Remembering Elie Wiesel, Novelist
Elie Wiesel’s reputation as a storyteller is deserved; the activity, in various forms, occupied the bulk of his adult life. Yet it’s nonetheless somewhat misplaced. As far as the world is concerned, Wiesel was an activist, a kind of public historian of his own experience during the Holocaust. Sometimes those of others—but always of real occurrences.
Above all, Wiesel was a novelist. The bulk of his career, the overwhelming majority of his literary output—the stories he told—were not his own, but openly and explicitly fictional. Another way of putting this is to note that there is a difference in form (not merely style) between Wiesel and, say, Primo Levi. (Even Levi’s one novel was inspired by and tracks with specific historical facts.) And now, amid the obituaries and retrospectives, I suspect that we’ve misunderstood his career in some way. No one asks why Wiesel turned to fiction—to the novel—to tell not his own story, but those of others who, though like many who existed, did not themselves exist.
I read, now, that Wiesel’s prose is not good, veering between the pedestrian and purple with few grace notes between. This may be true; I haven’t read any of his works, except Night (and then only to teach it) since high school. My reading fixated on him between the ages of fourteen and sixteen: he was my introduction to surrealism and existentialism in fiction given to philosophizing tangents—to what we still sometimes call the “European” novel. But then I encountered Sartre and Dostoevsky and (save a few resonant passages in All Rivers Run to the Sea, a late-life memoir), I never looked back.
What I took from Wiesel’s novels was not prose style but an impulse that storytelling is governed by ethics, that oughts apply even to it, that it works to shape the moral imagination of its readers—and even of its writer. Among the risks of truly transgressive literature is that beyond merely violating strictures of form and content, it might work, even against itself, to subvert this moral imagination. And Wiesel’s novels, time and again, circle around the questions of whether telling the stories of abhorrent transgressions against morality can themselves be considered in some way transgressive—and whether that quality can be said, with any consistency, to operate for good or for ill.
This question isn’t hard to find in his works. The Accident, The Fifth Son, Twilight, The Forgotten, and A Beggar in Jerusalem (to quickly list a few) all take up, as an explicit theme, the ethics of storytelling. Wiesel did not simply tell stories about the Holocaust: he told stories about telling stories about the Holocaust. A comprehensive study of this is beyond me at the moment: it’s the subject of a piece for which one might be paid—or (God forbid) an academic monograph. Besides, I’d have to do far too much re-reading. Instead, I’m going to focus on the novel of his that first truly fixated me, The Oath. (There exists, somewhere in the bowels of my hard drive, a file of a few dozen pages of an adolescent novel that apes its style without conviction or convincing.)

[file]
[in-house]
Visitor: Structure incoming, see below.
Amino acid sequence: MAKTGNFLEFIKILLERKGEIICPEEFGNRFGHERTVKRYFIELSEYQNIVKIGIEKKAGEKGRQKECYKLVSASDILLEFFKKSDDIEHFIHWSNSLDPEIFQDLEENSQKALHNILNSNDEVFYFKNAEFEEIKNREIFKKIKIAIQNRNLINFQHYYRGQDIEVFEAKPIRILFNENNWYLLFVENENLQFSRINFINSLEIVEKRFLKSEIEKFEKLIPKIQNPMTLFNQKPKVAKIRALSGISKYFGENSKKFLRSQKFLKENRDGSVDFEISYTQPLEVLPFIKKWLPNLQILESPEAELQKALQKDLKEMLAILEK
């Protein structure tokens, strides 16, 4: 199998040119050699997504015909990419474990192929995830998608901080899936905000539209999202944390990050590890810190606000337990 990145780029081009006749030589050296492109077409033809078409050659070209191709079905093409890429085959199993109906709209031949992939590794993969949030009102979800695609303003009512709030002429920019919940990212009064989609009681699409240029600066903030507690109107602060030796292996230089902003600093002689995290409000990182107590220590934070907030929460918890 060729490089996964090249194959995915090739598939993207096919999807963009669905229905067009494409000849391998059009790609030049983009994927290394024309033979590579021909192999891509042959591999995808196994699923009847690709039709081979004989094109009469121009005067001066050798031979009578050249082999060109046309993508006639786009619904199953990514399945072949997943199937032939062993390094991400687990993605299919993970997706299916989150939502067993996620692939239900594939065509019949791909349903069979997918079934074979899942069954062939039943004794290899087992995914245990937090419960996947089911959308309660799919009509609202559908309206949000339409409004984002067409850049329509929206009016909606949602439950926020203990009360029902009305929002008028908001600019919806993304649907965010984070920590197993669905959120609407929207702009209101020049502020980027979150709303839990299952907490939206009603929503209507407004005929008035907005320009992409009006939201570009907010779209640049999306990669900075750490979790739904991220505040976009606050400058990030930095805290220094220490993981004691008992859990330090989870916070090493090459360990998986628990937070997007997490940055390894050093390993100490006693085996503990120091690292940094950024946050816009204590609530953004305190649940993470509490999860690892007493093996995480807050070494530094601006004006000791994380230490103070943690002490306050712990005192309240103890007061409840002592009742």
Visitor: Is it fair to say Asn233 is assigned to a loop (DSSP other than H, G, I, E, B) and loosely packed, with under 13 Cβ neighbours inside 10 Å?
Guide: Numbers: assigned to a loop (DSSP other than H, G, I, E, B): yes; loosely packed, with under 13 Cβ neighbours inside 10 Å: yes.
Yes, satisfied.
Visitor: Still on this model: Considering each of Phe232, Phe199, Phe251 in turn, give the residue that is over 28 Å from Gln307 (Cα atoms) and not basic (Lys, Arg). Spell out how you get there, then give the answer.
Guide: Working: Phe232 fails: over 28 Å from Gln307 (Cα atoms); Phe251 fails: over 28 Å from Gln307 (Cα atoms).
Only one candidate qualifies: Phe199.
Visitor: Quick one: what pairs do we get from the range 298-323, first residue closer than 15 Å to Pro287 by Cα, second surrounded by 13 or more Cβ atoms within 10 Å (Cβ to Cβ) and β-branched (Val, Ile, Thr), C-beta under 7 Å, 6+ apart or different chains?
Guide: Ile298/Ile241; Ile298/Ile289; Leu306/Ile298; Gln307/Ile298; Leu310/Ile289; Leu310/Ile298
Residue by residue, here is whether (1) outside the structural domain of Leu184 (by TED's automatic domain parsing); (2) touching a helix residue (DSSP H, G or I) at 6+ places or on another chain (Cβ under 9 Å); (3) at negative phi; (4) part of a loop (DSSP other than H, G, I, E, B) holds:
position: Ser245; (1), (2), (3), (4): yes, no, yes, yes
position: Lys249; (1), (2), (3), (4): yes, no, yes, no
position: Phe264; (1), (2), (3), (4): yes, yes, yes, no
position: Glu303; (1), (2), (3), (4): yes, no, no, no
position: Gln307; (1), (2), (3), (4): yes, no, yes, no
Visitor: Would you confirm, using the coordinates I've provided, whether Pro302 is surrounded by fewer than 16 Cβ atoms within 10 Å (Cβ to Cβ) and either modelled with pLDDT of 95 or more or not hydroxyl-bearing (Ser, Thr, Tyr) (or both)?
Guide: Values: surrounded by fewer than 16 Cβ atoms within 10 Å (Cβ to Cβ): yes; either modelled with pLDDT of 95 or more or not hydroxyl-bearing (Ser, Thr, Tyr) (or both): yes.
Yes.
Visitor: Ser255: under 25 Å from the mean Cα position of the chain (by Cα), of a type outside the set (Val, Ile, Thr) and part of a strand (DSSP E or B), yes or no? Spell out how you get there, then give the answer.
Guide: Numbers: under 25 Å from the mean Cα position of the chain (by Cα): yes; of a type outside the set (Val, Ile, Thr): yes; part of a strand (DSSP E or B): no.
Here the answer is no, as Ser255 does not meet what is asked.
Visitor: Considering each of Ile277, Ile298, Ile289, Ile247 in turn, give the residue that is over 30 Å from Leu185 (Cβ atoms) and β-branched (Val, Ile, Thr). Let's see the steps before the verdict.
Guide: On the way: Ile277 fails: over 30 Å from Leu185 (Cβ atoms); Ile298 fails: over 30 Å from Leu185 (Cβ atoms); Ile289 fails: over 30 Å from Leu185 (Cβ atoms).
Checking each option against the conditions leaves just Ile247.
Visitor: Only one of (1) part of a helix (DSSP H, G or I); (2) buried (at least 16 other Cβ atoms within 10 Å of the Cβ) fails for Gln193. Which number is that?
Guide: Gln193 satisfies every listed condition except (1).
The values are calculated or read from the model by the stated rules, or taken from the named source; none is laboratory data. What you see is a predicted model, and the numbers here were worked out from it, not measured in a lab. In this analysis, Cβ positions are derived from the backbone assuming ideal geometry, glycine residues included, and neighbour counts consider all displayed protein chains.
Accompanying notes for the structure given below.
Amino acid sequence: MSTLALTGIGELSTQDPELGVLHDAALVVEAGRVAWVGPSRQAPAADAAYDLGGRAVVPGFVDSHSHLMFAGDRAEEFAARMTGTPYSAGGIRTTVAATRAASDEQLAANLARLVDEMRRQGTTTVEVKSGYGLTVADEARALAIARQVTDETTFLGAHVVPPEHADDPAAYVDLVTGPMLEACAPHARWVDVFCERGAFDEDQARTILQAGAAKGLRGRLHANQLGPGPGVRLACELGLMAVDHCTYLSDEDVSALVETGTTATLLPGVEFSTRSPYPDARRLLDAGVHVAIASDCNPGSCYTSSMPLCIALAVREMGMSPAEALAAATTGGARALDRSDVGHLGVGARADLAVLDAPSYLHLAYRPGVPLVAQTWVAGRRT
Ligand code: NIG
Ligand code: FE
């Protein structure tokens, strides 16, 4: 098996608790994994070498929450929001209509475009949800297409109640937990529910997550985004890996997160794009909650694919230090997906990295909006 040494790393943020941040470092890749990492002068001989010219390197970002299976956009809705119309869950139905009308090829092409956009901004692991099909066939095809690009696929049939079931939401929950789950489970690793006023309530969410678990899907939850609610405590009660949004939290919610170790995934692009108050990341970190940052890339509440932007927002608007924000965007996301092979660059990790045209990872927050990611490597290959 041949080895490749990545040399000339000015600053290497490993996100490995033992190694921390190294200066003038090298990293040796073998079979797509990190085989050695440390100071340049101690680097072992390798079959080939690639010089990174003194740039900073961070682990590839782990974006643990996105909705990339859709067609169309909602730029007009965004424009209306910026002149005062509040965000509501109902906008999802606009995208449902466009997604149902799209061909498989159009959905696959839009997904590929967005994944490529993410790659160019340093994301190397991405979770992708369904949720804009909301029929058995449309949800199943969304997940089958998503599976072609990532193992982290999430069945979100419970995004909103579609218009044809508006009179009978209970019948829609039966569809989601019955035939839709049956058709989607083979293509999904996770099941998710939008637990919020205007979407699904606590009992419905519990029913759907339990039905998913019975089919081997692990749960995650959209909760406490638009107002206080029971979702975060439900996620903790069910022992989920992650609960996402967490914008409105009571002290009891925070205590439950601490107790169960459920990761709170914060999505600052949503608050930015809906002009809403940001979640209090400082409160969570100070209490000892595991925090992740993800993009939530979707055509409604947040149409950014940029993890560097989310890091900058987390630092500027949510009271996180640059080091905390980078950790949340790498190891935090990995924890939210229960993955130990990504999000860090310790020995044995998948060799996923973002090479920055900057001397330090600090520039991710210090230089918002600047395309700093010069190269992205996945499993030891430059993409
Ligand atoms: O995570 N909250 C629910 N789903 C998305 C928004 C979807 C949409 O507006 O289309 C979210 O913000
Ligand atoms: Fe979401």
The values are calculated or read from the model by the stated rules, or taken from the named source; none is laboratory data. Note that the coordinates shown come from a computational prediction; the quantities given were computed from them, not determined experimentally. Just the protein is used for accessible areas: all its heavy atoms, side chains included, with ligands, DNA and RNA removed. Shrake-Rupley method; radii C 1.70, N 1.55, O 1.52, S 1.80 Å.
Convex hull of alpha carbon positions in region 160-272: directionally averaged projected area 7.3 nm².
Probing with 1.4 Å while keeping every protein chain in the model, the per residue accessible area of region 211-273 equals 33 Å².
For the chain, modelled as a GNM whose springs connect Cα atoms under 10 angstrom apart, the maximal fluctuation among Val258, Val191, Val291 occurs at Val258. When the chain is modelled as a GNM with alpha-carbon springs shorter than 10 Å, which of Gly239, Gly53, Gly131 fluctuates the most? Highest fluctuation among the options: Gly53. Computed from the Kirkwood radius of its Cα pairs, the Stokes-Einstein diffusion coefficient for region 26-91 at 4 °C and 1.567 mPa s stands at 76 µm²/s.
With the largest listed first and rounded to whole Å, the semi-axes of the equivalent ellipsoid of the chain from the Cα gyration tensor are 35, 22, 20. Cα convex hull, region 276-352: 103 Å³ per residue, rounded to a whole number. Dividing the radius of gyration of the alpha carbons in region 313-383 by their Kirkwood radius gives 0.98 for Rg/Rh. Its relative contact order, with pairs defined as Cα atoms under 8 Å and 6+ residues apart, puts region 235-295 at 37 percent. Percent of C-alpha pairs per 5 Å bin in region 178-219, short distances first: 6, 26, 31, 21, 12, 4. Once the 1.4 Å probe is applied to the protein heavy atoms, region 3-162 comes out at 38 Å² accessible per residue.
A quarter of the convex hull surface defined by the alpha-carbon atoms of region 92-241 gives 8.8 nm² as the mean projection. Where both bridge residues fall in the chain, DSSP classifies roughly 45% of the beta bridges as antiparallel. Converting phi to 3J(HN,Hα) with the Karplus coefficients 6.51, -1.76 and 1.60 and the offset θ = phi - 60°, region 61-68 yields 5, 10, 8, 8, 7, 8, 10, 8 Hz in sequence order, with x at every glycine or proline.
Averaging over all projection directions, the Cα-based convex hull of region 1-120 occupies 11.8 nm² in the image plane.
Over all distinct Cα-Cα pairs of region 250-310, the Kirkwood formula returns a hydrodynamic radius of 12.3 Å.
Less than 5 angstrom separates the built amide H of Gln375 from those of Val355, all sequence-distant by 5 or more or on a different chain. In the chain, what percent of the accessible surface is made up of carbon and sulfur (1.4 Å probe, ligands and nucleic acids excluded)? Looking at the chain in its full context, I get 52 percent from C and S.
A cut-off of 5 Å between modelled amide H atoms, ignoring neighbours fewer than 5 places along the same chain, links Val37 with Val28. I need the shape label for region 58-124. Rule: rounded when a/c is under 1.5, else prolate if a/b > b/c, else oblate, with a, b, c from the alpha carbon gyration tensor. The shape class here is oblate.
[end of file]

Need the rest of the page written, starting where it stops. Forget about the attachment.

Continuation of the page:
For the first eighty-seven pages of The Oath, the primary narrator refuses to narrate. An old man by this point, Azriel is the sole survivor of the pogrom that destroyed the Jewish community of an Eastern European town named Kolvillag. Their story is easily abstracted from Jewish history: a Christian boy is murdered; the town’s Jews are accused of a ritual slaughter; Easter approaches; a pogrom ensues. Moshe, the town beggar-madman-mystic (a central and recurring type in Wiesel’s novels), decides to confess to the murder in an attempt to sacrifice himself and save the community. (It fails, of course.) But Moshe is also convinced that the only way to break the cycle of violence against Jews is to stop remembering through storytelling. “Words have been our weapon,” he rants, “our shield; the tale, our lifeboat. And we wanted those words strong, stronger than our foes, stronger than death. Since someone would be left to tell of the ordeal, it meant that we had won in advance.” This is not an anti-victimhood diatribe: Moshe in fact sees this role as a necessary, establishing the Jewish people as “mankind’s memory and heart” (238); silence represents an abdication this role as well as that of “other nations’ laughingstock” (239), through which they can change the repeated course of history.
History, for Moshe, is a story; so, one suspects, is the simple act of living. “Man has only one story to tell,” he says, “though he tells it in a thousand different ways: tortures, persecutions, manhunts, ritual murders, mass terror. It has been going on for centuries, for centuries players on both sides have played the same roles” (236-7). The only story they can tell is a transgressive one—and one that, Moshe feels, the cycles of history has borne out as subversive to the cultivation of morality.